To be fair, Android is getting a lot of hype almost a year before we can expect to see anything, while there are other mobile phone operating systems vying for a place as relatively open mobile internet platforms. Om Malick just published a review of the market for mobile platforms pointing out alternative mobile Linux platforms, and recently Alistair introduced us to Nokia’s N810 tablet which shows potential as an open mobile communications platform even if it doesn’t have an integrated cellphone. It will be interesting to see the next platform moves of Microsoft, currently with a relatively open platform as mobile platforms go, and RIM, whose tightly restricted Blackberry platform is a favorite with enterprise and e-mail junkies.

    Can the web help fight corruption?

    October 21st, 2007

    Lessig turns his keen insight and trademark presentation style towards the analysis of corruption as he steps away from 10 years of focusing on intellectual property issues and their impacts on culture, creativity and innovation. I wish him luck as he will have the full force of the political and business establishments fighting him to their eventual unlamented demise.

    For a quick take on the hour long lecture, skip to 8:23, a story about how the sugar institute managed to influence the food nutrition board (FDA) to set the recommended maximum intake of sugar to 25% of your daily calories, instead of the WHO’s advised maximum of 10%. Hang on through 10:30 where he talks about how lobbyists have skewed the global warming “debate.” Other issues he covers are the pharmaceutical industry targeting doctors with “bribes that are not considered bribes” and the influence of private interest funding on “scientific” research. His bottom line is that everywhere we look, money determines decisions more than ever, often trumping what is in the interests of the citizens.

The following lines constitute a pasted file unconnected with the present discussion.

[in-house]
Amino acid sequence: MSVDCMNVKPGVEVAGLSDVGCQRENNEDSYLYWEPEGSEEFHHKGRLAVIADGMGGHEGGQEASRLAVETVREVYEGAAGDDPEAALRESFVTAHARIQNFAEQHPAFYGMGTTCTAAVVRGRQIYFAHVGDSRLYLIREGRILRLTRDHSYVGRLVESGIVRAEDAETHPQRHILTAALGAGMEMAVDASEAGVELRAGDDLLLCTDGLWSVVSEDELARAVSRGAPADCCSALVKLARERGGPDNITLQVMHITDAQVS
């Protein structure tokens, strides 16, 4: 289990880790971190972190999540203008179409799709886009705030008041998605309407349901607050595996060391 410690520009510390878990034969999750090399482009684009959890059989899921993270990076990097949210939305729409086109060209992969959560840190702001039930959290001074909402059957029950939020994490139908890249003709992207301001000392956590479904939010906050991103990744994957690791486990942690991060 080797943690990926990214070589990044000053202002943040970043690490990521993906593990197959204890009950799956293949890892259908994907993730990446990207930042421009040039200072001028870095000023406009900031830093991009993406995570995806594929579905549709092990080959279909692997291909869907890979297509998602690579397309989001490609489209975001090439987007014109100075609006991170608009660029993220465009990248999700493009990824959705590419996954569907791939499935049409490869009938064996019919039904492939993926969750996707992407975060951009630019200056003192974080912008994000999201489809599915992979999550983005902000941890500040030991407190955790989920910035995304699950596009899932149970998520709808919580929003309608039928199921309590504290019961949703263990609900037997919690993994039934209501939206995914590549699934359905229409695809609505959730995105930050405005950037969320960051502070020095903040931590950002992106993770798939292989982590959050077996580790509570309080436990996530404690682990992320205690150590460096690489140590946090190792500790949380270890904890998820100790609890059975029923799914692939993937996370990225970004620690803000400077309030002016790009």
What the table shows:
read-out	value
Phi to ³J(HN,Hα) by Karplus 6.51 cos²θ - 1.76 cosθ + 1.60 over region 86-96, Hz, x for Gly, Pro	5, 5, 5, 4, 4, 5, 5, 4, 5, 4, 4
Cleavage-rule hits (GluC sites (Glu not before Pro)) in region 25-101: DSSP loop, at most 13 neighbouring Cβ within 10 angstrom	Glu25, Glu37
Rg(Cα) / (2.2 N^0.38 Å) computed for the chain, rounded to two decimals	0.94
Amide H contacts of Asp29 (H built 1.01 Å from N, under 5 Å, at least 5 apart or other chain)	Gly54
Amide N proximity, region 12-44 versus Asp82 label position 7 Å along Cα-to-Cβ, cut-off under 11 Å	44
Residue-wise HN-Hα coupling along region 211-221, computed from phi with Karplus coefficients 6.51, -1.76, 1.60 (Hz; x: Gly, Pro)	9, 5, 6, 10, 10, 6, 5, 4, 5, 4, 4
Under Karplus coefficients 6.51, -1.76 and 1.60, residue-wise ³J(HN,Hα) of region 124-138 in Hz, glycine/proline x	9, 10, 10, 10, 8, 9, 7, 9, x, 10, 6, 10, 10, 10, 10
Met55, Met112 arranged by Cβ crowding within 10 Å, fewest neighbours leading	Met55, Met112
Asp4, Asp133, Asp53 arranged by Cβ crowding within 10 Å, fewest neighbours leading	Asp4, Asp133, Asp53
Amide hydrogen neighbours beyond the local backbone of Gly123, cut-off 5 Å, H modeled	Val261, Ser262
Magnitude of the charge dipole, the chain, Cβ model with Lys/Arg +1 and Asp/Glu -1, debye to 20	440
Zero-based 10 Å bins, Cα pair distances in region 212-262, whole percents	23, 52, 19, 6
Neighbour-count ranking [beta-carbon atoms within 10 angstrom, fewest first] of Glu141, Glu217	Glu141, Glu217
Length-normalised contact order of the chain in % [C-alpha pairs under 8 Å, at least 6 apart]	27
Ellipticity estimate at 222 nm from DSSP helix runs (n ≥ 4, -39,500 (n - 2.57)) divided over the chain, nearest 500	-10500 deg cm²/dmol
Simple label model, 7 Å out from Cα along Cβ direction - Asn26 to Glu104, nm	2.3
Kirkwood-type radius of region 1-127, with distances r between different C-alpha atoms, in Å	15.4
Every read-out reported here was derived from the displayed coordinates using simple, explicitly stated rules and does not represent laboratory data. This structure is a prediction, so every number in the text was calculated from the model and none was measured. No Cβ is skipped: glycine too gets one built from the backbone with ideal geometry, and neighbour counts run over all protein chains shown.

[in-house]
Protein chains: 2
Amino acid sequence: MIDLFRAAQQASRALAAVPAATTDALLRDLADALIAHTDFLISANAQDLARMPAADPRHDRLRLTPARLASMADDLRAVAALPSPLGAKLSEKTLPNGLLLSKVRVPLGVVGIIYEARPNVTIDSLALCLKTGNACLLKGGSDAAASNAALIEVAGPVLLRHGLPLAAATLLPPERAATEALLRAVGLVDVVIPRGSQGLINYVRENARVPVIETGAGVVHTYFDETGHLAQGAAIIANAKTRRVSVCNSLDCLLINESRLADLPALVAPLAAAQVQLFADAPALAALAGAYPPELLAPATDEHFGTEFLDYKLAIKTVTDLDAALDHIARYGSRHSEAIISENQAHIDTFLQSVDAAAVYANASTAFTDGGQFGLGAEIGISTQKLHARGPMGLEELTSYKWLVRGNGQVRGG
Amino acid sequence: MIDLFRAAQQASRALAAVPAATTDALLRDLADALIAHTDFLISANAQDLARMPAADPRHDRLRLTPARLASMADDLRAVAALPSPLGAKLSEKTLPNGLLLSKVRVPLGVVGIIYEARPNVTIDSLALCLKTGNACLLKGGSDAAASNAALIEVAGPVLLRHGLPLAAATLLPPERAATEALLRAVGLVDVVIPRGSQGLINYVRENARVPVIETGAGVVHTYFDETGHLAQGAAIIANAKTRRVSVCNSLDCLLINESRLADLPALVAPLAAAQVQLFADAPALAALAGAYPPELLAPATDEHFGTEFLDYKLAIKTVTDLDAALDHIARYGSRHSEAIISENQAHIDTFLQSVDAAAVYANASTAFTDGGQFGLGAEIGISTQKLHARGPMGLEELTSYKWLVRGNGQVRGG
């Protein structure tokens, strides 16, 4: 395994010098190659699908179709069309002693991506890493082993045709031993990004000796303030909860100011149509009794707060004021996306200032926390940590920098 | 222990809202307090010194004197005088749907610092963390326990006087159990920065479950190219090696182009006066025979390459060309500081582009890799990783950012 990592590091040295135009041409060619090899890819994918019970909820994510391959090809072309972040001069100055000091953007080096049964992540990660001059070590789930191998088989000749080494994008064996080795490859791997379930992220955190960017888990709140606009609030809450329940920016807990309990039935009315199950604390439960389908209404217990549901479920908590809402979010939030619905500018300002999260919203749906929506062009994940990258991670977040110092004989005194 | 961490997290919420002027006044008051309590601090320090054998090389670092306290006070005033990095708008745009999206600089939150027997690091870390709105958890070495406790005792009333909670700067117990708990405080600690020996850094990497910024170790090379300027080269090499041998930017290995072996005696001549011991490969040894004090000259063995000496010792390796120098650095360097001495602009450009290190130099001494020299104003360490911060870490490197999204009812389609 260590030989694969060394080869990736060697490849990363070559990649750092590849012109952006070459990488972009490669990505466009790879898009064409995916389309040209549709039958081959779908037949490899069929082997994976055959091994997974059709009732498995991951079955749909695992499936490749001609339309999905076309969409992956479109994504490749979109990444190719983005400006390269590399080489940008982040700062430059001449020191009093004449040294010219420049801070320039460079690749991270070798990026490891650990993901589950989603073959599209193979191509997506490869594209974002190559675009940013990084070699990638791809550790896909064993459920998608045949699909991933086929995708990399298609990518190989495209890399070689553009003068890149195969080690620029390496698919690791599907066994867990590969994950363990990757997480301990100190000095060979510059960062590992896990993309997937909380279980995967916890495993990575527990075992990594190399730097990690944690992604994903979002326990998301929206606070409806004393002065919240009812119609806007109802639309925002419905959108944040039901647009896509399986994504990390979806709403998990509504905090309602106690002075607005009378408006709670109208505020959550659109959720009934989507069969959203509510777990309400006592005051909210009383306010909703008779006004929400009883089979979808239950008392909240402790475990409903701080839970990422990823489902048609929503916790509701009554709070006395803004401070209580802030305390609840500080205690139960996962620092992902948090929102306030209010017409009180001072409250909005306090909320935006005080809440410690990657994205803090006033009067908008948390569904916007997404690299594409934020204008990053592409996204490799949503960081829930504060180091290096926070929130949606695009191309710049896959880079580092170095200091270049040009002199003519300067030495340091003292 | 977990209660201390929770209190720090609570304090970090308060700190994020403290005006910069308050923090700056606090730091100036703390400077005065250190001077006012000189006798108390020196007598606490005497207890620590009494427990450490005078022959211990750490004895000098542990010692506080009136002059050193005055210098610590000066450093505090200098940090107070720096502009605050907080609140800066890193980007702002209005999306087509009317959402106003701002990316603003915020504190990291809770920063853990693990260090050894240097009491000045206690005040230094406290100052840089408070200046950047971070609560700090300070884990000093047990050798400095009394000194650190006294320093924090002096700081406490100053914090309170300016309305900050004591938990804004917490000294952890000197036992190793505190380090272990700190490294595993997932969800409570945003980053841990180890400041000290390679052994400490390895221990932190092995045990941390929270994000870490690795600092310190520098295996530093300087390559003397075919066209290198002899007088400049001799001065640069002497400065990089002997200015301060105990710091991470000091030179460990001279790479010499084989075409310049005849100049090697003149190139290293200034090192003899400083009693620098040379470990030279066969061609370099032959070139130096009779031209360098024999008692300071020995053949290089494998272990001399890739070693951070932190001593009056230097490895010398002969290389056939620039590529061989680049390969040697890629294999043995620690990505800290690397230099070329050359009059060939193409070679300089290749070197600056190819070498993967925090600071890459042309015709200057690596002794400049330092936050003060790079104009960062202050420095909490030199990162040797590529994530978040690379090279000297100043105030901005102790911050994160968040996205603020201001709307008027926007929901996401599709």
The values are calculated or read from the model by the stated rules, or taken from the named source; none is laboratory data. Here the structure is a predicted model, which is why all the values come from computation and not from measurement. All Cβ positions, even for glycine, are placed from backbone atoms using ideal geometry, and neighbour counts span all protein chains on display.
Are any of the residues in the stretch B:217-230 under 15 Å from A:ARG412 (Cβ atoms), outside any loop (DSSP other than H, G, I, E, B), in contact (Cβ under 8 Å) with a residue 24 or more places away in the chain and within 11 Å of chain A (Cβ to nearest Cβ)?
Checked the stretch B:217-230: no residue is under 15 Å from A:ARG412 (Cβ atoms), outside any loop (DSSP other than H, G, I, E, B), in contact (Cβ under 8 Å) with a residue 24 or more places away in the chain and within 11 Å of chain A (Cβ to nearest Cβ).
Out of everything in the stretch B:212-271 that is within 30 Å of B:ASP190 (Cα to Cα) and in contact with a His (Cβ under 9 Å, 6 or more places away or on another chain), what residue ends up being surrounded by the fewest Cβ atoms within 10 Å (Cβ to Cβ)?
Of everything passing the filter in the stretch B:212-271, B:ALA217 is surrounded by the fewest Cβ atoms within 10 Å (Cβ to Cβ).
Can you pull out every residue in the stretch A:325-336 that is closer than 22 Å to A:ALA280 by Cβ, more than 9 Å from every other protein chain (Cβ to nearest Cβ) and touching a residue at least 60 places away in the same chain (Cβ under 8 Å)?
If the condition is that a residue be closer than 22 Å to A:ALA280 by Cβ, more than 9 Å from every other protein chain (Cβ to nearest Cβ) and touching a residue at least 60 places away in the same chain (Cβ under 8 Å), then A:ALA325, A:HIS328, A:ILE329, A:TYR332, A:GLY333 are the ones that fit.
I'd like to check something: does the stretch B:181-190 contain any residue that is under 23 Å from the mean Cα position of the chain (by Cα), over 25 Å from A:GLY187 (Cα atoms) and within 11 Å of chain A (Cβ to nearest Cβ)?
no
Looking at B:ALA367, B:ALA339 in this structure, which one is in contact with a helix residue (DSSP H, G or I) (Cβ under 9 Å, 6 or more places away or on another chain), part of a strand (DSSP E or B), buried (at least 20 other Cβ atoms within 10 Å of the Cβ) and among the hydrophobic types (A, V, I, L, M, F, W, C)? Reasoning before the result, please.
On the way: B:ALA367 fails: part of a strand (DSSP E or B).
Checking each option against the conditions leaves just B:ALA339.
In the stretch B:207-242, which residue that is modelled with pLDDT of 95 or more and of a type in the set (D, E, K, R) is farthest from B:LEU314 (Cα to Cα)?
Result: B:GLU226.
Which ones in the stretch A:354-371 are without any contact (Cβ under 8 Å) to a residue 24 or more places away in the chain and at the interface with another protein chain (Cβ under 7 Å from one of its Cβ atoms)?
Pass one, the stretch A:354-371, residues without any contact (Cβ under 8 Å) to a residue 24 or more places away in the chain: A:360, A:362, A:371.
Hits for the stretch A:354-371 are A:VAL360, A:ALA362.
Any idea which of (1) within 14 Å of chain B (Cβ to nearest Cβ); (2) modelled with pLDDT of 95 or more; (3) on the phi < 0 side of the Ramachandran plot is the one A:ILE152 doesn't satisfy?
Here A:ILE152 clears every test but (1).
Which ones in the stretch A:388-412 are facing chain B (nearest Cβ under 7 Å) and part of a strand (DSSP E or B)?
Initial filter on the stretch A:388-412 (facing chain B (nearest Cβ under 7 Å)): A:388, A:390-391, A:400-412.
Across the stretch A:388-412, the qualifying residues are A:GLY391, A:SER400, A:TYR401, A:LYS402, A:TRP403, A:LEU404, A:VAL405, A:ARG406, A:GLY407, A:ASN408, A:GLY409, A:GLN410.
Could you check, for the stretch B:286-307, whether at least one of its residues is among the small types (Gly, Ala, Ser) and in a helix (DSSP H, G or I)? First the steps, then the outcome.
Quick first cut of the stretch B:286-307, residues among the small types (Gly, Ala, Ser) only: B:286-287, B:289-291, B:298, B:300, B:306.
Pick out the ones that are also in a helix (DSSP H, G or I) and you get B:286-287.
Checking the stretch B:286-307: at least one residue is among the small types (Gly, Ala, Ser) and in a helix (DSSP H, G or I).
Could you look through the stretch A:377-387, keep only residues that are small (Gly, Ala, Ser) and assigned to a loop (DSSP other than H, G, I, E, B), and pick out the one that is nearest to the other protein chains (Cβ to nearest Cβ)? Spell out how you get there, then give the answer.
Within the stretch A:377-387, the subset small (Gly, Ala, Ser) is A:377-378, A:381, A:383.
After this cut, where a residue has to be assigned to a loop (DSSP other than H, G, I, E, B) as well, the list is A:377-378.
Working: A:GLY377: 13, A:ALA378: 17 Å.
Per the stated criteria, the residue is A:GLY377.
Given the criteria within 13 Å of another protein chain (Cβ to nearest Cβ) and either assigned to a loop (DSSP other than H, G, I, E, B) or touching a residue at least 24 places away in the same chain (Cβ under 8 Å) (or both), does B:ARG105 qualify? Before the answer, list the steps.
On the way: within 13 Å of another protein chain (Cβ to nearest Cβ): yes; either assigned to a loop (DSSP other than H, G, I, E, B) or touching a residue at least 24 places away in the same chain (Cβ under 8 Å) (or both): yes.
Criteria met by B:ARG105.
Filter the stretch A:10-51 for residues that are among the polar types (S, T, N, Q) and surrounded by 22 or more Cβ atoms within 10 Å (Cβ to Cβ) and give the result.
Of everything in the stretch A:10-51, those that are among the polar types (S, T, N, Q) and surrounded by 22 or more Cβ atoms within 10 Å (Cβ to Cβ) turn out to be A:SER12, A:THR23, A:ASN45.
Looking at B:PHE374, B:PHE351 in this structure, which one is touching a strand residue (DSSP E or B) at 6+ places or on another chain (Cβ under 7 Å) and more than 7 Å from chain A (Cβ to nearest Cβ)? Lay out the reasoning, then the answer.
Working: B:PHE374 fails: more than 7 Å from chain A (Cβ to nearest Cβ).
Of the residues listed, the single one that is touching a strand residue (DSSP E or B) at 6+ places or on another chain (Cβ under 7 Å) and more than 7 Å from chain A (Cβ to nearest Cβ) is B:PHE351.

It all seems depressing, but what gives Lessig and the rest of us hope for democracy is the potential of the internet, particularly the web, to render the forces behind policy decisions more transparent and available to a wider population of stakeholders, namely the citizens (I know this is a shocking concept!). Perhaps the availability of hitherto inaccessible information will inspire more of the population to become politically involved. I’m not yet holding my breath on this one, but let’s dare to dream.

    Towards the end of the lecture, Lessig highlights MapLight which exists to expose the relationship between legislators voting patterns and their sources of funding in US congress. Also featured is the Sunlight Foundation:

    The mission of the Sunlight Foundation is to use the transformative power of the Internet and new information technology to enable citizens to learn more about what Congress and their elected representatives are doing, and thus help reduce corruption, ensure greater transparence and accountability by government, and foster public trust in the vital institutions of democracy.

    Aside: Canadians should check out the Data Libre project.

    Corruption is a problem that is probably a human condition arising from social interaction and economics, unlikely to disappear, but perhaps like many of our weaknesses, it can be minimized. We are in the earliest days of the development of new tools that combine openly accessible data, visualization technology, and the reach of the web. It remains to be seen if they will help improve our democracy or become yet another system to be influenced and gamed by special interests.

    The Web as operating system

    October 19th, 2007

    Alistair, who has been writing recently at GigaOM, puts together the most lucid synthesis I have seen on the topic of the “Web OS.”

    Big Internet companies are making themselves the OS of the web 2.0 world. In addition to the fundamentals — operating a web application, storing data, handling logins — each company has a core expertise. In Google’s case, it’s page ranking and relevance; Facebook maps social relationships; Salesforce knows about customer relationships; and eBay has an auction and reputation engine.